It's odd but strangely delightful to witness major players on the Twee Indie scene of the late Eighties mature into middle age more than thirty years on like a fine wine. Such is the case here with The Catenary Wires latest album Birling Gap.
Amelia Fletcher and Rob Pursey once figured in spindly Indie outfits such as Tallulah Gosh, Heavenly and Tender Trap. But it's interesting to see where their journey has taken them. This is a record that has a much in common with Sandy Denny as it does with Orange Juice and that's just as it should be.
The sleeve of the album is an immediate giveaway to the record's intentions. It's a photograph of steep chalk cliffs and the waves crashing into a pebbled beach. An incredibly English image and this is an incredibly English sounding record, owing something to The Kinks and The Zombies as well as Tracy Thorn.
On Mirrorball Fletcher and Pursey reminicise about where it all started in an Eighties disco on the cusp of adulthood. It's all incredibly sweet and not for a moment the bitter variety.The past is where it should be, a happy and incredibly distant memory, not the stuff of anguish and regret. Birling Gap is like leafing through a treasured photo album but its feet are very much mired in the here and now.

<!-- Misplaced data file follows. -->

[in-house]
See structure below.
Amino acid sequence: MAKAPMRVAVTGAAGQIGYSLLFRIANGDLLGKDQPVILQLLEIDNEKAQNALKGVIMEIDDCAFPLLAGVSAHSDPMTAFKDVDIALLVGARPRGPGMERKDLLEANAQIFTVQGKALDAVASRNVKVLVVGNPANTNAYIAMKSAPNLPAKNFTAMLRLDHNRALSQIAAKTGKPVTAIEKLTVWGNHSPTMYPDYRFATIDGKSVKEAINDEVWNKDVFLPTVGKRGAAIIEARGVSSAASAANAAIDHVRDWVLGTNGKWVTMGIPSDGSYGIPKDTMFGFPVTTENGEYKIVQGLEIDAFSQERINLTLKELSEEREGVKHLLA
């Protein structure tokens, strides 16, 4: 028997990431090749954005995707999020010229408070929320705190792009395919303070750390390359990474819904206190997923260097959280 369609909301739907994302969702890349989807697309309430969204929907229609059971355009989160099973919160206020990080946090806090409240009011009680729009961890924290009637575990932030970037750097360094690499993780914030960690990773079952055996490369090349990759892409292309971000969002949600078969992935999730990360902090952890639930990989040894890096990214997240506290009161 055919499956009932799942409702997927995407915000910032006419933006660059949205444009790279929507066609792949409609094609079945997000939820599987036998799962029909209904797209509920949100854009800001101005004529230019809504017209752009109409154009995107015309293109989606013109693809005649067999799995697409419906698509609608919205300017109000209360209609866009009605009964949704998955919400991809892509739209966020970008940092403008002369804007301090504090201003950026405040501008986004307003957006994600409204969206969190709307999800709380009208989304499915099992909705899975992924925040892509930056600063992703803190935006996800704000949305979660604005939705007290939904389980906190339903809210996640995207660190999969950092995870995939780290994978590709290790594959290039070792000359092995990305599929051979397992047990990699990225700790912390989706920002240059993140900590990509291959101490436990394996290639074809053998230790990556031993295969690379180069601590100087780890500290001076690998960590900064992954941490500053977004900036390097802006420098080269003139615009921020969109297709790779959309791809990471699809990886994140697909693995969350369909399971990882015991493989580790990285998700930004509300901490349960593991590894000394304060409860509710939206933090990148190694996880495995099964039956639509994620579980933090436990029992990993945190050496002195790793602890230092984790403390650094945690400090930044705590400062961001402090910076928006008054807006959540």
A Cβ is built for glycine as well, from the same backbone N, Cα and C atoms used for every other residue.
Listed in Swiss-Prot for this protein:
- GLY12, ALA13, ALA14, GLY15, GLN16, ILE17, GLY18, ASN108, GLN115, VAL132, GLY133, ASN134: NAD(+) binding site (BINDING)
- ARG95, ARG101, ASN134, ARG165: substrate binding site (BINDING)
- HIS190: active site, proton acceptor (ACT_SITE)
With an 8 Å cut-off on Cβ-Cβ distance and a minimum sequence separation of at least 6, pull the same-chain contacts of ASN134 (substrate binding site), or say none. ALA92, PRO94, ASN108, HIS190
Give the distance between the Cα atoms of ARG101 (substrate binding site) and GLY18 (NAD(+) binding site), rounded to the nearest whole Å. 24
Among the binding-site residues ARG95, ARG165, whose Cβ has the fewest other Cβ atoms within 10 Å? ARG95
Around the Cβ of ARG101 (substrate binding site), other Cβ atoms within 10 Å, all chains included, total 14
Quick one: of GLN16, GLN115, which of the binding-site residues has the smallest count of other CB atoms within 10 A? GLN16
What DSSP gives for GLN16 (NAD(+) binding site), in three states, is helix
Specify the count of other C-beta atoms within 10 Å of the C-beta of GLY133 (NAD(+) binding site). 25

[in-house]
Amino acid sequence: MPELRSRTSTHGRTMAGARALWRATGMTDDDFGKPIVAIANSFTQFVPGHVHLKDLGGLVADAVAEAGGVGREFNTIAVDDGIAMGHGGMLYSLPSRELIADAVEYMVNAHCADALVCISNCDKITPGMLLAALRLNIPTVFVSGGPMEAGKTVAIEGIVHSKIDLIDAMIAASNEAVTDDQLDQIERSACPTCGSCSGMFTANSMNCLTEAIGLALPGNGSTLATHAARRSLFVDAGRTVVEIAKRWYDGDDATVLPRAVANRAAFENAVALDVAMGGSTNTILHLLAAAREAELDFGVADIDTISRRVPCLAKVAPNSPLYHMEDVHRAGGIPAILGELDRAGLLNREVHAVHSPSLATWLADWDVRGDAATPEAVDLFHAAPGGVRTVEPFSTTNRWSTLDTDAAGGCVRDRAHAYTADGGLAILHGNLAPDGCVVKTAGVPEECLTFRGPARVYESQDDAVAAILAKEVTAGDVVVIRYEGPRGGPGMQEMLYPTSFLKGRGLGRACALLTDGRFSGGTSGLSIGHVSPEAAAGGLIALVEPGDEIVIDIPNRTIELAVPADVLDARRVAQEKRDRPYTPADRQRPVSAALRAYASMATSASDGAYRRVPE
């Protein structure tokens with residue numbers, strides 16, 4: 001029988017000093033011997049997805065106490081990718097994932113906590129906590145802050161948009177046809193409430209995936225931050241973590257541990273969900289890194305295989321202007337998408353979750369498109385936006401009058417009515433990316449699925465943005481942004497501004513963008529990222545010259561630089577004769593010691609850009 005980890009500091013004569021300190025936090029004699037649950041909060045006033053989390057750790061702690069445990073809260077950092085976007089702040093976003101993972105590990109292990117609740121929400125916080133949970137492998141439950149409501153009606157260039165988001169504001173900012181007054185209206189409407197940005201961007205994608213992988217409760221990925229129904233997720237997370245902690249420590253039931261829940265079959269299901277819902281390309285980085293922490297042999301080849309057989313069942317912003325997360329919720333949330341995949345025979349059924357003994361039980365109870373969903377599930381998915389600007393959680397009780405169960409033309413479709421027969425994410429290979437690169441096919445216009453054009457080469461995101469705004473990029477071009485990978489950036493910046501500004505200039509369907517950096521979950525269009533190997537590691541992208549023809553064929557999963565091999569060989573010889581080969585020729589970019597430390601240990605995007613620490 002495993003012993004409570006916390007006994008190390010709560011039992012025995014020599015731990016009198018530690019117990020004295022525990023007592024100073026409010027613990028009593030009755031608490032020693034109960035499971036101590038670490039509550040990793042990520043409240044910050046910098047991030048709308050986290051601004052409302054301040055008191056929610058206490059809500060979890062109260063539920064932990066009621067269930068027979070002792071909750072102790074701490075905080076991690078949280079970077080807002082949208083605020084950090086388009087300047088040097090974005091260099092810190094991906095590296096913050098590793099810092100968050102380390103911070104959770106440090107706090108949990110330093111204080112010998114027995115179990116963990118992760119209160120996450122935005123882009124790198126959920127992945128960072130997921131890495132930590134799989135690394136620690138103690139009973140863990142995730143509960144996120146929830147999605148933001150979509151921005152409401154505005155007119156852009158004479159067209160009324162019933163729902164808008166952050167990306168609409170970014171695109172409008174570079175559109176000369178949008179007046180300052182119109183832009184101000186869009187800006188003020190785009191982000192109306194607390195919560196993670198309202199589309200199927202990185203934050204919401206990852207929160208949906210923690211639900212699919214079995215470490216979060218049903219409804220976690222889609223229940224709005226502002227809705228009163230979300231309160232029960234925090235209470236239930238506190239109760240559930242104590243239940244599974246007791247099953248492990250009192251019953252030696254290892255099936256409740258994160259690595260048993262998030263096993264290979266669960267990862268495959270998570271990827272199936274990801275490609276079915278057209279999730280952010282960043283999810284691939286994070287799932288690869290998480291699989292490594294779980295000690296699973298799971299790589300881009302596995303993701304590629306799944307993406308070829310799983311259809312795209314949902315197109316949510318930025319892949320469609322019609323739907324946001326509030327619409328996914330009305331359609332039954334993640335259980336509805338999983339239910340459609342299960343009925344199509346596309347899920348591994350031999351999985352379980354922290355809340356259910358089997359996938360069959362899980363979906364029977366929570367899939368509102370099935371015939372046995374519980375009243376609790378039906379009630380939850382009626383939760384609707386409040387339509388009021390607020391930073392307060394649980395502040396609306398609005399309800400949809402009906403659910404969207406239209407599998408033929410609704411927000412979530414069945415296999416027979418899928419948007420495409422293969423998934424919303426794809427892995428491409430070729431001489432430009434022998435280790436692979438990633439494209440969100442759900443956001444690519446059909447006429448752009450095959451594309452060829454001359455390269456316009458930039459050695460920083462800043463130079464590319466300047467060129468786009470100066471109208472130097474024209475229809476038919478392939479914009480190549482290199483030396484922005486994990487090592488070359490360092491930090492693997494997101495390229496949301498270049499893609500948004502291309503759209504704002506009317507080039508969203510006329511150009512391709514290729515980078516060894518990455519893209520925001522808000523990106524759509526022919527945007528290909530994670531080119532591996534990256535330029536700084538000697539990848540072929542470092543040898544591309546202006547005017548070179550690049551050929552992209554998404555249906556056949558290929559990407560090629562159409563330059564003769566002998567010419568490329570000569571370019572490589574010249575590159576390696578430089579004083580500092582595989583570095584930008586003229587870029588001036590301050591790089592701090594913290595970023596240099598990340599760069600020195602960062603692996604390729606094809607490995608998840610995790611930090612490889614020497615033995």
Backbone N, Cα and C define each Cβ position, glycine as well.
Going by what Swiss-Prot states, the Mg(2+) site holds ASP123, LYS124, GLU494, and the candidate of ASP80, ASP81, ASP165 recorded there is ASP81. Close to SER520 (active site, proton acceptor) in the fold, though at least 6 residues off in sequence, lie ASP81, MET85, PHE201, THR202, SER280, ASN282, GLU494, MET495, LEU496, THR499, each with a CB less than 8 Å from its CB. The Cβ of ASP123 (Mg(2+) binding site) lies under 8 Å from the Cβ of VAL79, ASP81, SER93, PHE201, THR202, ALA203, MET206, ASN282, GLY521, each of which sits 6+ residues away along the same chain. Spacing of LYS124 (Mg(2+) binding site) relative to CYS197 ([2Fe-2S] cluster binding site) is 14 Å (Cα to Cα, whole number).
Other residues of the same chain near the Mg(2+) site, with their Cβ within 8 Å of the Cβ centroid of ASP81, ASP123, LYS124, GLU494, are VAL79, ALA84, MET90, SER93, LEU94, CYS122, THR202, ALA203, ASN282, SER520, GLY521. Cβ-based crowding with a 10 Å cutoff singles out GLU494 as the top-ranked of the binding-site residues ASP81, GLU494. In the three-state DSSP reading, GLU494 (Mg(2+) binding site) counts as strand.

The album gallops along. In its own words, 'as English as the weather.' Safe and warm, comfortable in its own skin. Fletcher and Pursey have learned enough over the years not to make their harmonies pitch perfect. It's the slightly off key nature of proceedings that provide the essential charm to this project.
A home counties Nancy and Lee but with incisive political awareness to boot, cuttingly critical of the much evident English intolerance of these times . Birling Gap is a treat, like a well stirred pot and plate of scones and jam in a village tea room on a sunny afternoon.